First test at Eden Park shapes as a beauty

MARK GEENTY AT EDEN PARK
Last updated 05:04 09/02/2014
Tim Southee
Photosport
TEST TURNAROUND: Tim Southee appeals unsuccessfully for the wicket of Murali Vijay, who was not out on 49 at stumps.

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It's the ugly duckling of cricket stadiums that somehow produces test matches of compelling beauty.

Another Eden Park classic looms today after New Zealand threw away an unbeatable position, generously leaving the door ajar for their visitors in the first test.

Remarkably, India had their noses in front in a tight race at stumps on day three. Chasing a lofty 407 to win, they resume today on 87-1, with run machine Cheteshwar Pujara still there.

They still require a record to get there. But as we've seen, anything can happen with bat or ball in this concrete garden of Eden. Early wickets from the Tim Southee-Trent Boult duo can create momentum, and captain Brendon McCullum desperately needs his key men to produce a big first two hours.

After news broke of the late-night antics of Jesse Ryder and Doug Bracewell on test eve, the madcap moments spilled over to the drop-in pitch. By the time India began their chase, 16 wickets had tumbled for 177 runs in a tick over two sessions.

This was meant to happen on day one, not day three, when test pitches are supposedly at their best for batting. It hardly seemed a minefield, but after overnight rain the ball swung for New Zealand's quicks, then India's looked near unplayable as the hosts folded for 105 in 41.2 overs.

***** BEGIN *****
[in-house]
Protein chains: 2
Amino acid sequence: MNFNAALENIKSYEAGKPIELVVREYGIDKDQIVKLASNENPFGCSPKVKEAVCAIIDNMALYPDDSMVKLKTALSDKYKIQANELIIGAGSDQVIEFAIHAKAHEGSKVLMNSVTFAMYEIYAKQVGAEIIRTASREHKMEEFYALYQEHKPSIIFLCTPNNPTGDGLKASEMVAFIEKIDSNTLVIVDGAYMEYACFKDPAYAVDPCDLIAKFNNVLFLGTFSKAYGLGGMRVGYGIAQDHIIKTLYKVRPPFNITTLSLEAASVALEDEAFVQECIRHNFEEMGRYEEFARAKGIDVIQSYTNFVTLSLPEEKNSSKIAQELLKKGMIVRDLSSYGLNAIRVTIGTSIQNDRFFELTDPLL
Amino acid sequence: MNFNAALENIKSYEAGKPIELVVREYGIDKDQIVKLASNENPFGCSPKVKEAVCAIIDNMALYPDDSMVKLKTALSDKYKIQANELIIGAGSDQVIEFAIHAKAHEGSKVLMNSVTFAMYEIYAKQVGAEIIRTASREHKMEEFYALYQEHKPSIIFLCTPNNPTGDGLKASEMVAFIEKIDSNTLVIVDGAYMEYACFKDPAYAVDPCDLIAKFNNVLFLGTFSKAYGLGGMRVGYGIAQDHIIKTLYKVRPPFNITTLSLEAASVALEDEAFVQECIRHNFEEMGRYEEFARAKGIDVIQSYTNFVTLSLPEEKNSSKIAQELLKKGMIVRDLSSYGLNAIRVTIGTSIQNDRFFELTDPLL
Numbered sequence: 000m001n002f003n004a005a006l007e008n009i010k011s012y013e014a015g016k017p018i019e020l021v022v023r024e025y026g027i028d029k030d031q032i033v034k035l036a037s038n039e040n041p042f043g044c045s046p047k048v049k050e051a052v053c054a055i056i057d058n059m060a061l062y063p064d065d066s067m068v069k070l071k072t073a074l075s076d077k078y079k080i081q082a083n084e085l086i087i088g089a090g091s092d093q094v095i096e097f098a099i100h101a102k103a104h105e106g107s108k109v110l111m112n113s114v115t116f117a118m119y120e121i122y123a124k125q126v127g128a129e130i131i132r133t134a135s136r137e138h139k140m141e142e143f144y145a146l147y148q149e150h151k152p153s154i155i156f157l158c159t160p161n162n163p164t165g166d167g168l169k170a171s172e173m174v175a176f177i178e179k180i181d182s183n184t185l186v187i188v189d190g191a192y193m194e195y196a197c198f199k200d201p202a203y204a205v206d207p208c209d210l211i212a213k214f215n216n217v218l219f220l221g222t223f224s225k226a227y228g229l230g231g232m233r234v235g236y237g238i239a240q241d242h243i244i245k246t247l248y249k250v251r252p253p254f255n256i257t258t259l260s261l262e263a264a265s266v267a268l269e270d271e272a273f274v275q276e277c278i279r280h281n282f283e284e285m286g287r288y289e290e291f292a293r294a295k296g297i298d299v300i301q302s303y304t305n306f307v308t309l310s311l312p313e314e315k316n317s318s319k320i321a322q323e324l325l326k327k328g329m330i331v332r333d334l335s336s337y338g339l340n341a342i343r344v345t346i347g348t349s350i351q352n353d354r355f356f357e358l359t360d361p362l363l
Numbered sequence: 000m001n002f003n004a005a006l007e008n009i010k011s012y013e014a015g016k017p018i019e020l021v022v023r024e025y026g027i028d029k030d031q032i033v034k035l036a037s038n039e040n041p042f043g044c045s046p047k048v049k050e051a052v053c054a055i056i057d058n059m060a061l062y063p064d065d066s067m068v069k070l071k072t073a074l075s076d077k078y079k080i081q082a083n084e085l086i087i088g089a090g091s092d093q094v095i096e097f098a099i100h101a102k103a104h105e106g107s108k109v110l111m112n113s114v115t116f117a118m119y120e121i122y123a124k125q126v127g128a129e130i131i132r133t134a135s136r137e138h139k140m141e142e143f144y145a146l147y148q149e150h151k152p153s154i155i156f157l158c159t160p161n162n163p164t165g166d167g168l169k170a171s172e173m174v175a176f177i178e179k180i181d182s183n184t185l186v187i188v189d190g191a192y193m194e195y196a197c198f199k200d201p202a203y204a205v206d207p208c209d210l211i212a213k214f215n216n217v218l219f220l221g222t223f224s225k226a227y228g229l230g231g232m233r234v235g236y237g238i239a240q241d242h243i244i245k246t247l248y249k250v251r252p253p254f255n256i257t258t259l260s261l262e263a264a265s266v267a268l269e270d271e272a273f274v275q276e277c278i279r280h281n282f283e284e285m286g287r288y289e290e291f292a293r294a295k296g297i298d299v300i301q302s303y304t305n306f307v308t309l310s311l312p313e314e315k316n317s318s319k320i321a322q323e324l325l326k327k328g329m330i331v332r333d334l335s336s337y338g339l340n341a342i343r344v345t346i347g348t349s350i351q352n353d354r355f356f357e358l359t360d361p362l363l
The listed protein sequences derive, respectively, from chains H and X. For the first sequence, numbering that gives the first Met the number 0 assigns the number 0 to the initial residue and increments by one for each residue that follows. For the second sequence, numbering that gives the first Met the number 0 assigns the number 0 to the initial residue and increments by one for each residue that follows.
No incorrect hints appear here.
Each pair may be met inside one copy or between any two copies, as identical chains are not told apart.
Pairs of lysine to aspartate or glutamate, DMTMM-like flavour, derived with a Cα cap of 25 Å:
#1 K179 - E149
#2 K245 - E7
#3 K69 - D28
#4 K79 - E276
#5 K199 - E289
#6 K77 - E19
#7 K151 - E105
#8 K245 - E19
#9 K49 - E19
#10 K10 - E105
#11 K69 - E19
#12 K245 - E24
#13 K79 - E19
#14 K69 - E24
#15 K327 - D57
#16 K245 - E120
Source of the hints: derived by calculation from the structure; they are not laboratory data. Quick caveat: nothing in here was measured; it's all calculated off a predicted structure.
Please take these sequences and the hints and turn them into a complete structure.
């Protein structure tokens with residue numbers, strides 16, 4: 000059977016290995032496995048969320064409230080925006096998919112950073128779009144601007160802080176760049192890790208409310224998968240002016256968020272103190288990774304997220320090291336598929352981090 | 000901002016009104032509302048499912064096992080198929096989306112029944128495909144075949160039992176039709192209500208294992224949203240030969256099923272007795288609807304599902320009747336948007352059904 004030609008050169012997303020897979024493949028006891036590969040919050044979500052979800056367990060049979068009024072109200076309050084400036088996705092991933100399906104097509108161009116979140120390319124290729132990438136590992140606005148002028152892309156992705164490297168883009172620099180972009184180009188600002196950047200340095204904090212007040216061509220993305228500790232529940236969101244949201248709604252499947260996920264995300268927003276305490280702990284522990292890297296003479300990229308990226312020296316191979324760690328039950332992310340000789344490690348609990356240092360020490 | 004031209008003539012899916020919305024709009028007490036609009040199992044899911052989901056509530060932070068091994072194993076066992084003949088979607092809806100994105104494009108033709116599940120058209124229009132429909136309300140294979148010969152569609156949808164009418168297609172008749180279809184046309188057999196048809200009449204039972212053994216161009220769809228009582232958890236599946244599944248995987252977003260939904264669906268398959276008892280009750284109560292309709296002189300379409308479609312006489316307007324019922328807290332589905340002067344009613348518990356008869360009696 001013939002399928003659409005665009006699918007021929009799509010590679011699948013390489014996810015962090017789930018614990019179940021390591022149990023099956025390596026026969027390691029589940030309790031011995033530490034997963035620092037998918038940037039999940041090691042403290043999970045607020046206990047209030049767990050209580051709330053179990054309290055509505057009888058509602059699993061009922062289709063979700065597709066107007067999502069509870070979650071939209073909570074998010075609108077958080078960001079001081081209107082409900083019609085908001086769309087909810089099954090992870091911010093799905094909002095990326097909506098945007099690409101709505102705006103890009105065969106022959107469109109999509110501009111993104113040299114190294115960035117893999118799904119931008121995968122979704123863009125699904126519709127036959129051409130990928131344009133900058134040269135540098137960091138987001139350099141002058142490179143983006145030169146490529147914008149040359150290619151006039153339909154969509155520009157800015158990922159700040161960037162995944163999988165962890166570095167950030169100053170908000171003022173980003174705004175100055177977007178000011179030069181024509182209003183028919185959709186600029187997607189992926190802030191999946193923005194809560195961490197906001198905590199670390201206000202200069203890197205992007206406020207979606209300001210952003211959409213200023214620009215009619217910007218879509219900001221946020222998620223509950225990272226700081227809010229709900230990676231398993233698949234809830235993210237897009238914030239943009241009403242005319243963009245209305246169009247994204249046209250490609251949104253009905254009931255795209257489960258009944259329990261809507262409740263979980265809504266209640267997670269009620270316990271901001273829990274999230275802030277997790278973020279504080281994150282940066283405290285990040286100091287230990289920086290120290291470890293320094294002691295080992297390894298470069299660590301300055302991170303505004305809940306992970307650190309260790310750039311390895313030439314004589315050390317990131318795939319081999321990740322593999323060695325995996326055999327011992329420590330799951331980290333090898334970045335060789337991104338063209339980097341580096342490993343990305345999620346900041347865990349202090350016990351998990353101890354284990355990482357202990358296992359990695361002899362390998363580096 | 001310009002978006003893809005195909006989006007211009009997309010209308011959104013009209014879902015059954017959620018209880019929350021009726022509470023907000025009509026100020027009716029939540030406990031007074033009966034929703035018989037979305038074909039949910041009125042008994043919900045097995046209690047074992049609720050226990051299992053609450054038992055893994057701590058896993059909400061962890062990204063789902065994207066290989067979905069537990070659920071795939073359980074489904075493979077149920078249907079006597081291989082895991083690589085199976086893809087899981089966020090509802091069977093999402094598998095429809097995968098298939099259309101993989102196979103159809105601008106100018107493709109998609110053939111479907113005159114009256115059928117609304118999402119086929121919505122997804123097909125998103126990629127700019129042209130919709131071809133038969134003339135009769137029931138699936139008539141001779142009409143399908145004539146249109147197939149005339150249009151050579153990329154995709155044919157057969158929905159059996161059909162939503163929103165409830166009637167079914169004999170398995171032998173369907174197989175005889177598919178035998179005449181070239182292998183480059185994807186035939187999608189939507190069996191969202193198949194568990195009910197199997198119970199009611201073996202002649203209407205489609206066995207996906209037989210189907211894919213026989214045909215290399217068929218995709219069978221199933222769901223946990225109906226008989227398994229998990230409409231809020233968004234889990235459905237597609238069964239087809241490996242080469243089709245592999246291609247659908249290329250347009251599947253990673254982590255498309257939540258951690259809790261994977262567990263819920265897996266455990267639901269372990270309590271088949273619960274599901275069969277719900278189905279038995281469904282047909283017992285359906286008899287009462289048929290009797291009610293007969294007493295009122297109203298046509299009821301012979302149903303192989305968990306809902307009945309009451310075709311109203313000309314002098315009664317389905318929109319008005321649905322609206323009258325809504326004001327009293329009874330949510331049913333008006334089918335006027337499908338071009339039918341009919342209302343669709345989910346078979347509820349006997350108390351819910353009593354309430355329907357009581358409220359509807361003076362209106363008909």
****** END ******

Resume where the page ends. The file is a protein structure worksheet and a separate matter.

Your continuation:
On Friday McCullum was the double-centurion and dominant skipper. Yesterday he was run out in a mix-up with Ross Taylor, and dropped Indian opener Shikhar Dhawan at short cover in Southee's first over.

Captains these days are damned if they do and damned if they don't when it comes to enforcing the follow-on. Leading by 301, McCullum chose to bat again after a magnificent effort by his three pacemen saw India skittled for 202.

It's easy in hindsight, but yesterday it was hard to follow the logic of not unleashing the razor-sharp trio of Southee, Boult and Neil Wagner a second time.

Instead McCullum kept his pacemen in cotton wool, fresh for a final assault with 500-plus runs to play with. That was the plan anyway, until New Zealand were 12-4 in their second innings after a nightmare half-hour before lunch.

India's spearhead Mohammed Shami was near unstoppable in a 10-over opening spell that swung the test's momentum.

New Zealand's test opening headaches aren't going anywhere in a hurry, either.

Peter Fulton and, to a lesser extent Hamish Rutherford, will be batting for their immediate test careers in Wellington. Rutherford was trapped in front first ball by a Shami thunderbolt and Fulton drove uppishly to cover.

India's pacemen hunted in a pack with the veteran Zaheer Khan halting Taylor's promising fightback and the bouncy Ishant Sharma claiming nine wickets for the match. The tourists' fielding was also top notch.

Some nudges from the tailenders saw New Zealand avoid the ignominy of being the first test team to score 500 in the first innings and under 100 in the second.

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Still, that will be small mercies compared to the outcry if New Zealand somehow lose the apparently unloseable test.

- Fairfax Media

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